25.02.2014 – We continue our look at the role of the ‘public interest’ in deportation decisions. In this post we consider the weight given to attempts made to prevent re-offending in the decision making process.

Preventing re-offending

In addition to the expression of public revulsion and deterrence, the third principle facet of the ‘public interest’ in deporting foreign national criminals is that it prevents the particular individual from re-offending: OH (Serbia) v SSHD [2008] EWCA Civ 694 at 15. The risk of re-offending is a factor in the balance, but, for very serious crimes, a low risk of re-offending is not the most important public interest factor: N (Kenya) v SSHD [2004] EWCA Civ 1094 at 65. The authorities in relation to this aspect of the public interest suggest that deportation ‘goes well beyond depriving the offender in question from the chance to re-offend’ and is to be ascribed lesser weight than the facets of deterrence and ‘revulsion’: DS (India) v SSHD [2009] EWCA Civ 544 at 37.

Firstly, deportation can only ever really be said to prevent re-offending in the UK on the simple basis that, following deportation, the individual is obviously not present to commit crime in this country. Clearly, it does not prevent the individual re-offending in the country to which he or she is to be returned.

Secondly, and related to this, deportations of foreign national prisoners take place without any of the accompanying safeguards employed by the domestic Probation Service, part of whose role is to oversee the rehabilitation of individuals convicted of crimes in the UK as well as to attempt, as far as possible, to reduce their risk of re-offending. Further preventative measures are employed for individuals who have committed particular crimes, such as registration on the Sex Offenders Register for those convicted of crimes of a sexual nature.

Those convicted of sexual offences against children will usually be subject to an indefinite prohibition on working with or around young people and a requirement to notify the local authorities of their address. Parents in this country have the right to know if a person has previously committed sexual offences by application to the police under ‘Sarah’s Law’. To those that would argue that the Home Office’s duty is limited solely to these islands, the Sexual Offences Act 2003 provides for Foreign Travel Orders where a sex offender is prevented from travelling abroad in order to protect a child or children from serious sexual harm outside of the United Kingdom: s.114 Sexual Offences Act 2003. The duration and restrictions imposed by these Orders were recently increased: see the Explanatory Memorandum to the Magistrates’ Courts (Foreign Travel Orders) (Amendment) Rules 2010.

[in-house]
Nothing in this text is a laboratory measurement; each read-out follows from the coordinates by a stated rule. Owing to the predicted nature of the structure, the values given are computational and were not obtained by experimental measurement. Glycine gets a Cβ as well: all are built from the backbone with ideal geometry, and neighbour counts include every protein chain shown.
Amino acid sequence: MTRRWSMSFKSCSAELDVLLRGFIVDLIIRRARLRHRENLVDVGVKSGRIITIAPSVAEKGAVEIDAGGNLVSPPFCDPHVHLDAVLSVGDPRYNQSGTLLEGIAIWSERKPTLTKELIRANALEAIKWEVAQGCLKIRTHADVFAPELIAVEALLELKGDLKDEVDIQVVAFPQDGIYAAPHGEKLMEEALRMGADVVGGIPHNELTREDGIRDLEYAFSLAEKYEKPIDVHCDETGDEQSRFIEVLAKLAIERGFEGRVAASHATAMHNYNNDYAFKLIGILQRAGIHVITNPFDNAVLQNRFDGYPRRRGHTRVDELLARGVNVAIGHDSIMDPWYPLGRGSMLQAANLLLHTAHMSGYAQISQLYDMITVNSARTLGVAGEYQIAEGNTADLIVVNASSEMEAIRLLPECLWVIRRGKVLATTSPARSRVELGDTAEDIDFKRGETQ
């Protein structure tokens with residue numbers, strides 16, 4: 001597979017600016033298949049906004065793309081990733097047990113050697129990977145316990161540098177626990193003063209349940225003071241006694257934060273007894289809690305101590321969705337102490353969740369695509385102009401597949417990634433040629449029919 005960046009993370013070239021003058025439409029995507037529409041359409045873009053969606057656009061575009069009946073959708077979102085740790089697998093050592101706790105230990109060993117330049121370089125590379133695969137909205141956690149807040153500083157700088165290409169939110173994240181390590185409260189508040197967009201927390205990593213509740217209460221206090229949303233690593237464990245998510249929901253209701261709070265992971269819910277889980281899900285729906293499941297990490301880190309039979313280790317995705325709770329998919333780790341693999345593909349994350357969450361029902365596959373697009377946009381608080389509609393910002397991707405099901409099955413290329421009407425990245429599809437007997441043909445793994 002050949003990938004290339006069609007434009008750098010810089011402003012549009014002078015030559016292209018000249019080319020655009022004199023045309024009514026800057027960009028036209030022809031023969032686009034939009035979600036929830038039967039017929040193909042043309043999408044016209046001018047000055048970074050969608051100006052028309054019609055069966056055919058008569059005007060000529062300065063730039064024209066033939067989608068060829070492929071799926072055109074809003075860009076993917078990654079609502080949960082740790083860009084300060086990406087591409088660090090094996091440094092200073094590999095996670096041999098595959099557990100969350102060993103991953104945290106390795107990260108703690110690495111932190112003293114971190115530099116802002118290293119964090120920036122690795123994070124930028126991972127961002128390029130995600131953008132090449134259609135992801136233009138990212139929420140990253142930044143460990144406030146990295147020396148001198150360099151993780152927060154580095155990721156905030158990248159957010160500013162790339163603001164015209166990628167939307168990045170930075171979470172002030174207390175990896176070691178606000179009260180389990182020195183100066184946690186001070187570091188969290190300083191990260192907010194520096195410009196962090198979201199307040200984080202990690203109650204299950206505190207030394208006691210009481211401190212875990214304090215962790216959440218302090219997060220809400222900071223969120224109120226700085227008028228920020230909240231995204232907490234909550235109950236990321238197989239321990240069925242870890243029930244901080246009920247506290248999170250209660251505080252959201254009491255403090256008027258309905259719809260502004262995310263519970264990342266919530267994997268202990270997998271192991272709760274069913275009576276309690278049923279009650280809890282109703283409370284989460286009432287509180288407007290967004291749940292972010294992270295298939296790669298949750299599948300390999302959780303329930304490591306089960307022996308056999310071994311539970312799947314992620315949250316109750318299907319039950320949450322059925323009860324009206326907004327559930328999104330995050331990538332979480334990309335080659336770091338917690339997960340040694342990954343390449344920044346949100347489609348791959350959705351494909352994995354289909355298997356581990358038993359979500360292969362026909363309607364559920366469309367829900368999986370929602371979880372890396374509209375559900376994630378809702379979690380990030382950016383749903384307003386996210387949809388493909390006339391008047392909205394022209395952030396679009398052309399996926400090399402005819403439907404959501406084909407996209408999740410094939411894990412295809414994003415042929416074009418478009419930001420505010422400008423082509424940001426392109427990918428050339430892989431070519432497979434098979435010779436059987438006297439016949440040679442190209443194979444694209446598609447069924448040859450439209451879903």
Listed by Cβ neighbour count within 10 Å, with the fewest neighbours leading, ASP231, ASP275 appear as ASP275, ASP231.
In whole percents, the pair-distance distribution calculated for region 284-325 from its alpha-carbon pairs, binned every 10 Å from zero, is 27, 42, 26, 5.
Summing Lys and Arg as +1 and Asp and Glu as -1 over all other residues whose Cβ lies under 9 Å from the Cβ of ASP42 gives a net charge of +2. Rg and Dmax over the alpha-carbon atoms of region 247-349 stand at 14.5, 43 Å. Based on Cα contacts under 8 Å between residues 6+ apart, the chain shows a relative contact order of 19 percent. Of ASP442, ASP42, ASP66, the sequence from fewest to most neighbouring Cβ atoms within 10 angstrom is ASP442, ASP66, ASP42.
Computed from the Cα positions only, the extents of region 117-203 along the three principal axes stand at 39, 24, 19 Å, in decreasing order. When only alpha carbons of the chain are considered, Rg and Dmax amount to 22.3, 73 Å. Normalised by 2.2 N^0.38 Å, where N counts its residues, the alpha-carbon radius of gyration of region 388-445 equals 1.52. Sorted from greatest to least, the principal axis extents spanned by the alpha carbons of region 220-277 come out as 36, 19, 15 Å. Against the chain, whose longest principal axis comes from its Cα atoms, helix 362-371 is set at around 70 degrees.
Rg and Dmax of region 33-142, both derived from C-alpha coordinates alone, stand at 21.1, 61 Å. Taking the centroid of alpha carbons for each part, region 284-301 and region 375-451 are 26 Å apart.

To refer to the risk of re-offending as one of the ‘public interest’ reasons for deporting ‘foreign criminals’ is arguably difficult to sustain in an increasingly globalised and interconnected world. This anachronistic ‘beggar thy neighbour’ approach assumes that the UK authorities have a duty to protect only those living in this country rather than a wider duty to the rehabilitation of criminals, foreign or otherwise, and to protect, as far as it is possible to do so, those living abroad (a principle which is, incidentally, being explored in European law deportation cases: see Essa (EEA: rehabilitation/integration) [2013] UKUT 00316 (IAC)).

By deporting criminals who are still technically under license, without any requirement for them to engage in the rehabilitative schemes offered by the Probation Service; with no requirement for them to report or register (in the case of sex offenders); and with no restrictions on working in certain professions or with certain classes of people, this parochial interpretation of ‘public interest’ may in fact serve to increase the risk of re-offending for those individuals, potentially against British citizens (who have been known to holiday abroad), albeit far from these shores.

Luqmani Thompson & Partners regularly represent clients facing deportation decisions, in appeals against decisions to deport and in applications for the revocation of orders for Deportation.